Health Privacy:
The Way We Live Now (Gellman)


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Copyright © 2002-2014
Privacy Rights Clearinghouse
Posted August 1, 2002

Robert Gellman
Privacy and Information Policy Consultant
Washington, DC
rgellman@netacc.net
© Robert Gellman 2002

Version 1.1

A colleague called last week to discuss medical privacy. It was a personal matter. He recently had a medical procedure that he did not describe. He doesn't want me or anyone to know anything about his diagnosis or treatment. I didn't ask for details. For purpose of this article, I will identify my friend as Fred (not his real name).

Fred was contacted by a researcher who got his name from his physician. Fred was surprised at the call because he didn't give permission for his information to be disclosed to any researcher. It wasn't clear whether the researcher knew anything about Fred's condition. The study was designed to compare people who did and did not have the same condition so the physician may have only said that Fred qualified for the study. Fred couldn't ask more without disclosing the information that he was trying to keep secret.

Being a good citizen, Fred was genuinely interested in helping medical research. But protecting his privacy was a very high priority. He wanted to know if participating would risk disclosure of his secret. For Fred, the greatest risk is probably gossip. Could someone who knows him find out about his condition through a casual disclosure?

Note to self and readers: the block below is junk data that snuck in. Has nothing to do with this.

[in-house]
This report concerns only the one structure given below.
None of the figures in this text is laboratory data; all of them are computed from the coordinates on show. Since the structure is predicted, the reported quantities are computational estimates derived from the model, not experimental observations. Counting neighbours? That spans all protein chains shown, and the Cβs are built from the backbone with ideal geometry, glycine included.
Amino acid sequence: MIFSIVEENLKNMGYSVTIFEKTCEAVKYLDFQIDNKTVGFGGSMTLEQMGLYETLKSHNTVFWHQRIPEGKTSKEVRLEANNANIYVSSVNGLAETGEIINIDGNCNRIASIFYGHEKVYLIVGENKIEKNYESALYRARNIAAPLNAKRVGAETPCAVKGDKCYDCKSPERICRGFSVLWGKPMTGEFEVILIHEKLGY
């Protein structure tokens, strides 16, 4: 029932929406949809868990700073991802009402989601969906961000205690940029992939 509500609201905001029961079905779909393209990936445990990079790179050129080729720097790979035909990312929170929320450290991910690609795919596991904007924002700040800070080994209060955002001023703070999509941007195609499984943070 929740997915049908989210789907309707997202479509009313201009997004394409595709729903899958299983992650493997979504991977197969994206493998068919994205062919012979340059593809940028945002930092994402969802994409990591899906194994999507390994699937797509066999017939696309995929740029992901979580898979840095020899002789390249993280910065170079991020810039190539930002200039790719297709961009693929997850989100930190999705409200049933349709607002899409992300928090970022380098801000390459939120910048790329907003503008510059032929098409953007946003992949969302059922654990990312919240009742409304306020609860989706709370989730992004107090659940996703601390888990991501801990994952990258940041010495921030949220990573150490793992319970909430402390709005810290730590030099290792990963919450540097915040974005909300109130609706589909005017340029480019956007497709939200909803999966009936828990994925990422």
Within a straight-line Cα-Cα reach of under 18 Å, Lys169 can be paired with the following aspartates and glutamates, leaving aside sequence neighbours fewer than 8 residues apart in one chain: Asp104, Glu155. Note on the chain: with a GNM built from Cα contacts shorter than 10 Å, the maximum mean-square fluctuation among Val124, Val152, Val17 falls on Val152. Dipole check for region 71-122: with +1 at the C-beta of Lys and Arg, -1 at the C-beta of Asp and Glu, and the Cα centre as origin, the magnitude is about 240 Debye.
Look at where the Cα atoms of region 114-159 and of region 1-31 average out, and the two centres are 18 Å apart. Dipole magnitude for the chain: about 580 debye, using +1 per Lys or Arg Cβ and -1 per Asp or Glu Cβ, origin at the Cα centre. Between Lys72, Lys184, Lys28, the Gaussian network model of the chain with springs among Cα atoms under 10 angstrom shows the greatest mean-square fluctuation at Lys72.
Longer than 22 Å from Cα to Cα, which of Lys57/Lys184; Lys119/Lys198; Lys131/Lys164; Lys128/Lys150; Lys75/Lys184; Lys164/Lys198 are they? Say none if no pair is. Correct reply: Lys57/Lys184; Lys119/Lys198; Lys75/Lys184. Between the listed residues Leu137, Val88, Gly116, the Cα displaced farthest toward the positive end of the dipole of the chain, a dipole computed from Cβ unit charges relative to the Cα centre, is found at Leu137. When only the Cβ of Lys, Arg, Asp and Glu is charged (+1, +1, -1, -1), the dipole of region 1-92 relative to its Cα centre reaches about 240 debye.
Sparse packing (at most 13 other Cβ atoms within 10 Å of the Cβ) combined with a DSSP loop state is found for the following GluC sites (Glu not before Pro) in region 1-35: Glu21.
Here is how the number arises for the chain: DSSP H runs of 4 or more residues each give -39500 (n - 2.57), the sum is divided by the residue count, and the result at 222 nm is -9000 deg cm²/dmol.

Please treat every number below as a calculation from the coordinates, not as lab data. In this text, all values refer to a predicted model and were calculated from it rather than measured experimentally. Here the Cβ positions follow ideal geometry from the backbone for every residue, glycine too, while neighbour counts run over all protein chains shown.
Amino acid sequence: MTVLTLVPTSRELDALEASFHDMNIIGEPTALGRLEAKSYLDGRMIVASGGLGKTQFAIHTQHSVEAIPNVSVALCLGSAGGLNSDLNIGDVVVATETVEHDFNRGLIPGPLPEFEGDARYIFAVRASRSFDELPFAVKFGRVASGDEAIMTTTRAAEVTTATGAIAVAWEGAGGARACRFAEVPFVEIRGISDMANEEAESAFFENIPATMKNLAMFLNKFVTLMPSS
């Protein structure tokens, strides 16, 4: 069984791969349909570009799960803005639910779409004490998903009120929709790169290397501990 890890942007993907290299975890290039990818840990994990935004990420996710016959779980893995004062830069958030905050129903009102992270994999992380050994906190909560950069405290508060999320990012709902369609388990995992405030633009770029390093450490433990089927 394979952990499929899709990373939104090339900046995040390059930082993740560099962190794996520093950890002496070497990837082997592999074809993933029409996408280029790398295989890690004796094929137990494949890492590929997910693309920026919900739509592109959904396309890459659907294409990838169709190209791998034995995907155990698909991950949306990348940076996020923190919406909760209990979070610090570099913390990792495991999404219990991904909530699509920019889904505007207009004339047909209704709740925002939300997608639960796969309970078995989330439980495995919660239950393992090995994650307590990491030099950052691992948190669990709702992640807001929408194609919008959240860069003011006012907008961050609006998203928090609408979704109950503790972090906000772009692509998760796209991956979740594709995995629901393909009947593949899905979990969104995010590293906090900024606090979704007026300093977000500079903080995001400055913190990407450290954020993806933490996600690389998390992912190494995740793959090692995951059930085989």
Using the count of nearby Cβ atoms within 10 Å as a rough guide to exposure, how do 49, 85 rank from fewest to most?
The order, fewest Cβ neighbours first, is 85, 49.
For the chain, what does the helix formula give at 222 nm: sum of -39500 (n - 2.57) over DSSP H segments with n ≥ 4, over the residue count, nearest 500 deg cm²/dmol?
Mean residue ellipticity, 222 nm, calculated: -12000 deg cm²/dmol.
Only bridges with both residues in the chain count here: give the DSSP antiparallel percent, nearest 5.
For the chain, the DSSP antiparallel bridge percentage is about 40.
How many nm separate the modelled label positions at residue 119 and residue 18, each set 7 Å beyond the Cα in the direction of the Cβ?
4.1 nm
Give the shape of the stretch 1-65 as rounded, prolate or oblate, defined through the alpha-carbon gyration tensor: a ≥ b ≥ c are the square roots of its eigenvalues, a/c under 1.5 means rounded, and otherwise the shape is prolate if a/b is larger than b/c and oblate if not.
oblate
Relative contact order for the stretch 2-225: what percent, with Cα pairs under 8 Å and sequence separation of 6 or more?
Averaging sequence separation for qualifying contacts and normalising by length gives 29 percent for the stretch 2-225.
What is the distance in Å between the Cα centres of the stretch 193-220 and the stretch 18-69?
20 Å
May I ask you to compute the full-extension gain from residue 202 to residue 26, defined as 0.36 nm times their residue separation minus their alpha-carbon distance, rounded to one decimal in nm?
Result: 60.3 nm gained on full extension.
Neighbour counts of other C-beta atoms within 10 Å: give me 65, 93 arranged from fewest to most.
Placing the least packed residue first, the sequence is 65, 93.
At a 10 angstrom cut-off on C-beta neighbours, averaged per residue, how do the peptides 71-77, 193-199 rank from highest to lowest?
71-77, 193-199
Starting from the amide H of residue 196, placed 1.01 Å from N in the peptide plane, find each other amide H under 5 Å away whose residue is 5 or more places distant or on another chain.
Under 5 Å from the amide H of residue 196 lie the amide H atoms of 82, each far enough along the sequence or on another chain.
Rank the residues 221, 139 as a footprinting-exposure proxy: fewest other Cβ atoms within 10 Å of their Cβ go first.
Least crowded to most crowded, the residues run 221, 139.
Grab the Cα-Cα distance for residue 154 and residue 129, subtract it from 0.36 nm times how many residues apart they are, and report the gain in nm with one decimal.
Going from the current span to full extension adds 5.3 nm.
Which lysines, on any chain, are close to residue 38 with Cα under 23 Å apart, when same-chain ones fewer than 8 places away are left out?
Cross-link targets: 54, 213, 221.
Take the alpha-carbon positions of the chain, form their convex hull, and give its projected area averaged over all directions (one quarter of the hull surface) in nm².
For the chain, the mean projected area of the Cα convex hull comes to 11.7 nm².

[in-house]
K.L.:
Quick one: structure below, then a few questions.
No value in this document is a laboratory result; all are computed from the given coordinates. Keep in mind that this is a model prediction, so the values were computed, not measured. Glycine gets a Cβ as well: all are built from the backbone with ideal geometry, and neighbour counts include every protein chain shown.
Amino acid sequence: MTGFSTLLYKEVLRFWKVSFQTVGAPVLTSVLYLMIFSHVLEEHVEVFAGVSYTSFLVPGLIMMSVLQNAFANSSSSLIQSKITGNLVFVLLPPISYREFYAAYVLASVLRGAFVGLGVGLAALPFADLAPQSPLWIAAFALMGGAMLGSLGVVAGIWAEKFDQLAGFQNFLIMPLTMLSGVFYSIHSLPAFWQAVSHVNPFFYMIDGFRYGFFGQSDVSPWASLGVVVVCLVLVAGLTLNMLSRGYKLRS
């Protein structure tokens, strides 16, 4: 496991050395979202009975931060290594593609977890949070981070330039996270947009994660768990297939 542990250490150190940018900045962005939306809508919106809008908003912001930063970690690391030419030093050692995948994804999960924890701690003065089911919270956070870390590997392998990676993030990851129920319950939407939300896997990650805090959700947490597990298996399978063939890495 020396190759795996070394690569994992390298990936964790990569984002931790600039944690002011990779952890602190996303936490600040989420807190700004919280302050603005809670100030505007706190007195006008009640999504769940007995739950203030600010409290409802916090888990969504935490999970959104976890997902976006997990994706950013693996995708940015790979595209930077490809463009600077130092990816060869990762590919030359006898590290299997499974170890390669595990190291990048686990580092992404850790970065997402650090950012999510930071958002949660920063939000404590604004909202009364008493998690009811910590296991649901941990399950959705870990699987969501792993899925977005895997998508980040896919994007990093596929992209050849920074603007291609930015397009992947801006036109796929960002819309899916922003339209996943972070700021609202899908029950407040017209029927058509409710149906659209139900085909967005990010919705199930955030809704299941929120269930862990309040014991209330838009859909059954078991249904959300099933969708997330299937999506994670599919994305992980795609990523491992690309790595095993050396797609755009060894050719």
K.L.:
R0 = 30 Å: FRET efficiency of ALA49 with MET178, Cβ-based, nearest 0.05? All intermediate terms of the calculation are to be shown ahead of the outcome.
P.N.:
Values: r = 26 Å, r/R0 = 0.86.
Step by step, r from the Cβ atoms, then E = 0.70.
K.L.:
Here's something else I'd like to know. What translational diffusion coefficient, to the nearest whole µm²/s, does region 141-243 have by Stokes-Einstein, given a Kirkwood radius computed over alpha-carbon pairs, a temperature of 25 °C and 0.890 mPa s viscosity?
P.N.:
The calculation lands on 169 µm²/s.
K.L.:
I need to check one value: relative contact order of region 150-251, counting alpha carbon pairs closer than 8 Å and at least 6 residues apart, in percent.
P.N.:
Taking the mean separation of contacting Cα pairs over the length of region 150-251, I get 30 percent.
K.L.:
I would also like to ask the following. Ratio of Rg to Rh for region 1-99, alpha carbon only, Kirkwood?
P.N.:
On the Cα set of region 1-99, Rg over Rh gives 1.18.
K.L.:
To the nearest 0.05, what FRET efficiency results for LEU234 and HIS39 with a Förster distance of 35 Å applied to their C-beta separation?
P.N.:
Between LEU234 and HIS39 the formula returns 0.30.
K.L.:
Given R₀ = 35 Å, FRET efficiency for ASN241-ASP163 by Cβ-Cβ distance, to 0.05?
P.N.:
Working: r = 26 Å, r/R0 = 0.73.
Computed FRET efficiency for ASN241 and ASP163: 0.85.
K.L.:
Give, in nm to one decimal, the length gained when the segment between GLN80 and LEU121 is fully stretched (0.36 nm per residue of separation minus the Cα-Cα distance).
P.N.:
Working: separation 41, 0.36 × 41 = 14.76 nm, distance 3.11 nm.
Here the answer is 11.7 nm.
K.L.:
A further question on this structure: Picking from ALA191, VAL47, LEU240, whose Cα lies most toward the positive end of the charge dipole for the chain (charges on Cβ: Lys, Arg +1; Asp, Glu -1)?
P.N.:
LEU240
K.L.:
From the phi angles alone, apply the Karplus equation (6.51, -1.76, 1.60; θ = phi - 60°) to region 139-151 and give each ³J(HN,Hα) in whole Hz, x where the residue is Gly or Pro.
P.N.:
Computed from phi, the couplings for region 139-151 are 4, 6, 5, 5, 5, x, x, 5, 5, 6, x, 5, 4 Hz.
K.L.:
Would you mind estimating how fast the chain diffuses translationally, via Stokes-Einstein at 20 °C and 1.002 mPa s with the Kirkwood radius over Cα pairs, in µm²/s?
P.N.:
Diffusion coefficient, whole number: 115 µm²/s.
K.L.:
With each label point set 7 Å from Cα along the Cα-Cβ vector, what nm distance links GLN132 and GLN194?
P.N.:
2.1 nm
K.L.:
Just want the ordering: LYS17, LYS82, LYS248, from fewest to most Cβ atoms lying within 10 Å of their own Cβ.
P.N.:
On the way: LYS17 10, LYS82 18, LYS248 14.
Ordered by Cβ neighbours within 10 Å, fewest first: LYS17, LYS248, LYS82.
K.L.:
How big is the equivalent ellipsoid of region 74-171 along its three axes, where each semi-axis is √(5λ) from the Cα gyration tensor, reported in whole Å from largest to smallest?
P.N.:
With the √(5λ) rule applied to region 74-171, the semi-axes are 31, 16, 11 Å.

My answer was that any use of his information would increase the risk. However, you have to keep things in perspective. Disclosures of supposedly confidential medical information are routine today, and the researcher's proposed use was no worse than many others.

I began my description of health information usage with the physician's office. Presumably, everyone there knew (or had access to) the information about him. If Fred was also treated in a hospital, dozens or even hundreds of hospital workers might have had access to his records. This includes physicians, residents, nurses, ward clerks, orderlies, nutritionists, physical therapists, pharmacists, billing clerks, administrators, and others. Remember that hospitals are staffed 24 hours a day, so that several individuals share positions.

There is always a chance that one of these hundreds of hospital employees knew Fred, Fred's wife, or a relative, neighbor, or coworker of Fred. Some hospital staff are medical professionals subject to ethical restrictions, but not everyone is. Even with the clearest privacy rules, there is always the risk that someone will go home and say "Guess who I saw at the hospital today?"